By Eileen Ogintz
Tribune Media Services
Adults and kids are hunched over mounds of multicolored clay, fashioning little clay people and assorted creatures that will star in kid-produced animated shorts.
“This isn’t your typical museum,” says Mike Shomo, from Denver, who’s visiting with his wife and three kids, as he creates a sea lion.
Welcome to San Francisco’s Zeum (www.zeum.org) where you’re not only supposed to get your hands dirty but you and the kids can star in your own music videos, design digital artwork or compose digital music.
“This is the only museum I’ve been to where you can make your own movies,” added 8-year-old Siena Starbird. Outside, a grandmother and her granddaughters play “Mary Had a Little Lamb” on a giant xylophone, while upstairs would-be Hannah Montana’s belt out songs in a mock studio and choose the backdrops that will appear in their music video. (Red Carpet or Hollywood sign?)
“I’m having as much fun as the kids,” said the xylophone-playing grandma, Relda Thomas, from San Luis Obisbo, Calif.
For Zeum’s 10th anniversary, the hands-on multimedia museum will showcase original youth artwork created here on its Website and in the museum and will celebrate the creativity of local kids and families all year long.
You’ll love where Zeum is located — in San Francisco’s artsy, up-and-coming South of Market district, known as SoMa, which is also home to the San Francisco Museum of Modern Art (www.sfmoma.org) and the newly opened Contemporary Jewish Museum (www.thecjm.org). One of the exhibits at the CJM includes artist interpretations of the Seven Days of Genesis and artist Mierle Laderman Ukeles invites visitors to participate. How will we each repair the world, the artist wants to know? Orion, 4, wrote, “To help mean people get better!”
Outside Zeum, there’s a first-rate playground complete with a carousel, giant climbing structures and slides — all part of an 87-acre urban renewal project. We stayed in the neighborhood at the new and oh-so-cool 550-room Intercontinental San Francisco (www.intercontinentalsanfrancisco.com), a soaring, 32-story glass tower. The Intercontinental is the first new hotel in San Francisco in three years, the largest built there in nearly two decades. And it’s just a short walk from Yerba Buena Gardens and the hustle and bustle of Market Street. (The kids will love the indoor pool.)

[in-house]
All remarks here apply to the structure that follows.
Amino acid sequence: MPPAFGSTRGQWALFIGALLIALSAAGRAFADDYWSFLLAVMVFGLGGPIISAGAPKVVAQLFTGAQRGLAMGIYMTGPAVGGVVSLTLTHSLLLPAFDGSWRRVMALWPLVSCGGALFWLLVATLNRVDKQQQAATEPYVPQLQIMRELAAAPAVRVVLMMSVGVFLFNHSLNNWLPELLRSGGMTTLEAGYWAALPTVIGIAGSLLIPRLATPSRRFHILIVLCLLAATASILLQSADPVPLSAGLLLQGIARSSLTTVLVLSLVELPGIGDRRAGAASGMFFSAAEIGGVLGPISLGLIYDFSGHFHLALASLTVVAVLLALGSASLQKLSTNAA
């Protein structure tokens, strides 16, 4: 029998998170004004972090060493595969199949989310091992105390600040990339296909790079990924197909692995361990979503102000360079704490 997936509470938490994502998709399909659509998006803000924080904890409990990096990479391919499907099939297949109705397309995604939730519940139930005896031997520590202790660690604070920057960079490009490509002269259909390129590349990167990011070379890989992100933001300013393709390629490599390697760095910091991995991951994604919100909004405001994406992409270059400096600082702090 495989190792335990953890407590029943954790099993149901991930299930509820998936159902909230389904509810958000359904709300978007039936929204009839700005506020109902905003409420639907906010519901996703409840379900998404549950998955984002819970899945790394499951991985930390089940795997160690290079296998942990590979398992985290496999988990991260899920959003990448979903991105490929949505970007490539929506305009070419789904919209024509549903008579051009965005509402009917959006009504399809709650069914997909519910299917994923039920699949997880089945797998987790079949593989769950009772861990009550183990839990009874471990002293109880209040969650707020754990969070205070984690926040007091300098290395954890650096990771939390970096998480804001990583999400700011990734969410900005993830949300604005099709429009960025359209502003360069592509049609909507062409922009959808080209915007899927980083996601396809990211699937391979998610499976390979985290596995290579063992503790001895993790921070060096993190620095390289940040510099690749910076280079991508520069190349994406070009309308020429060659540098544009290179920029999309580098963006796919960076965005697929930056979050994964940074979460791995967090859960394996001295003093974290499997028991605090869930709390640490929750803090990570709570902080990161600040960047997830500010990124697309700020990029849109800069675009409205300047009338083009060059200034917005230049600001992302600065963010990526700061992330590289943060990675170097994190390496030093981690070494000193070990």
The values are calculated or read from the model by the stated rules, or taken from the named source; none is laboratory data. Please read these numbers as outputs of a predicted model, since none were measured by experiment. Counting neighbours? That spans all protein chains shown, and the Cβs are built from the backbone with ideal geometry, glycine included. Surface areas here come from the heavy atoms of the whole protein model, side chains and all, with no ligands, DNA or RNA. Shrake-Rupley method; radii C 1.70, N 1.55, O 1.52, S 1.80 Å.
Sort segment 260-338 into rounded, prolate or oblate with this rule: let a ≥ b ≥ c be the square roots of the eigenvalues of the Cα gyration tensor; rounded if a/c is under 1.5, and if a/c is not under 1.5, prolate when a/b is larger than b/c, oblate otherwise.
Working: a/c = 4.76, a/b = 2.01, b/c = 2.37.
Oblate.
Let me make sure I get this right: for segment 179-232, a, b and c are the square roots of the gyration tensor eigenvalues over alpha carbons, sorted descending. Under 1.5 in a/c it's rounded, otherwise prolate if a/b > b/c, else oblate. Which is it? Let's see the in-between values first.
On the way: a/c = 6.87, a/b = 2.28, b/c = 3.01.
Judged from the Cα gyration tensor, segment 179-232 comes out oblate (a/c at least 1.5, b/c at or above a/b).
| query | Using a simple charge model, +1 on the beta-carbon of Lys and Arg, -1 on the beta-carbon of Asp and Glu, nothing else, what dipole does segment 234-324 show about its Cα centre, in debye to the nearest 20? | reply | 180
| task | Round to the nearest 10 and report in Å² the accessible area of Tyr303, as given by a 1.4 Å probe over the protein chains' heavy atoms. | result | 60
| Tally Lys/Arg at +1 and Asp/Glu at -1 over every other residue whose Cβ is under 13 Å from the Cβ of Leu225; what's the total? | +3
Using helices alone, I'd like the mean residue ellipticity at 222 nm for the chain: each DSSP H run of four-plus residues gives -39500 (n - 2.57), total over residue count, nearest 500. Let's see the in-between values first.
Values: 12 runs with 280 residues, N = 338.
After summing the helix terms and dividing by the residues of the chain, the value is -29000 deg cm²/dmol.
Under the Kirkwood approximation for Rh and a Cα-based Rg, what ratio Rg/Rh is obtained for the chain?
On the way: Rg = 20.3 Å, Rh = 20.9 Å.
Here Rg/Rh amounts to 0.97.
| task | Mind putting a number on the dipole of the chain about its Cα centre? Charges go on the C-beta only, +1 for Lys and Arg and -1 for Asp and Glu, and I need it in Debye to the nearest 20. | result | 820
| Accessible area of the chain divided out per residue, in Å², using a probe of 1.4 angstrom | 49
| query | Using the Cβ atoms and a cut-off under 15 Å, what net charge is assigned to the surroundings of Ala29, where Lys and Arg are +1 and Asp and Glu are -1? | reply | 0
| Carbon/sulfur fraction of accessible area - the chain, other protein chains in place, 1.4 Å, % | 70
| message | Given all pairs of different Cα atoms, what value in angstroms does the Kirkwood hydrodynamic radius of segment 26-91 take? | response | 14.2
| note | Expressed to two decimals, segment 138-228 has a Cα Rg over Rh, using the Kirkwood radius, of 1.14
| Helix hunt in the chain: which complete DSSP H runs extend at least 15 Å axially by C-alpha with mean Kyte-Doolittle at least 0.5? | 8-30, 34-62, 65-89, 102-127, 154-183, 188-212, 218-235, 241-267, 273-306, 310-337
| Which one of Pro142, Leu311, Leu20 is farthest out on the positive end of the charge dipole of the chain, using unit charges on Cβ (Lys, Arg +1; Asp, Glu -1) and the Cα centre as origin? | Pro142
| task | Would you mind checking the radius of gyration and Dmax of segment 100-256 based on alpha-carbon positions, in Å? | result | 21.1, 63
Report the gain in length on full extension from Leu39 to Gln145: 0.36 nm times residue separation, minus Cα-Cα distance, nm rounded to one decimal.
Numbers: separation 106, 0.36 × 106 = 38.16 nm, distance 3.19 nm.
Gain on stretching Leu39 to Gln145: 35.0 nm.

San Francisco, of course, has plenty to offer visitors, whether you’re a junior foodie (more about that in an upcoming column), love chocolate (this is the home of Ghirardelli, after all) or enjoy museums or the outdoors. The City by the Bay (www.onlyinsanfrancisco.com), in fact, is home to several museums that offer unique experiences for kids and kids at heart. Where else can you tour a prison, complete with documentary offered by former guards and prisoners, (Alcatraz is one of the city’s top tourist attractions http://www.nps.gov/alca/), visit a museum devoted exclusively to cable cars (www.cablecarmuseum.com) or visit an aquarium (www.aquariumofthebay.com) that showcases the creatures that live right here in San Francisco Bay? (For a few dollars extra, you can sign on for a behind-the-scenes tour at the Aquarium of the Bay. It’s right on Fisherman’s Wharf so you can make faces at the sea lions that live just outside on Pier 39 (www.pier39.com). (Check out Frommer’s San Francisco with Kids.)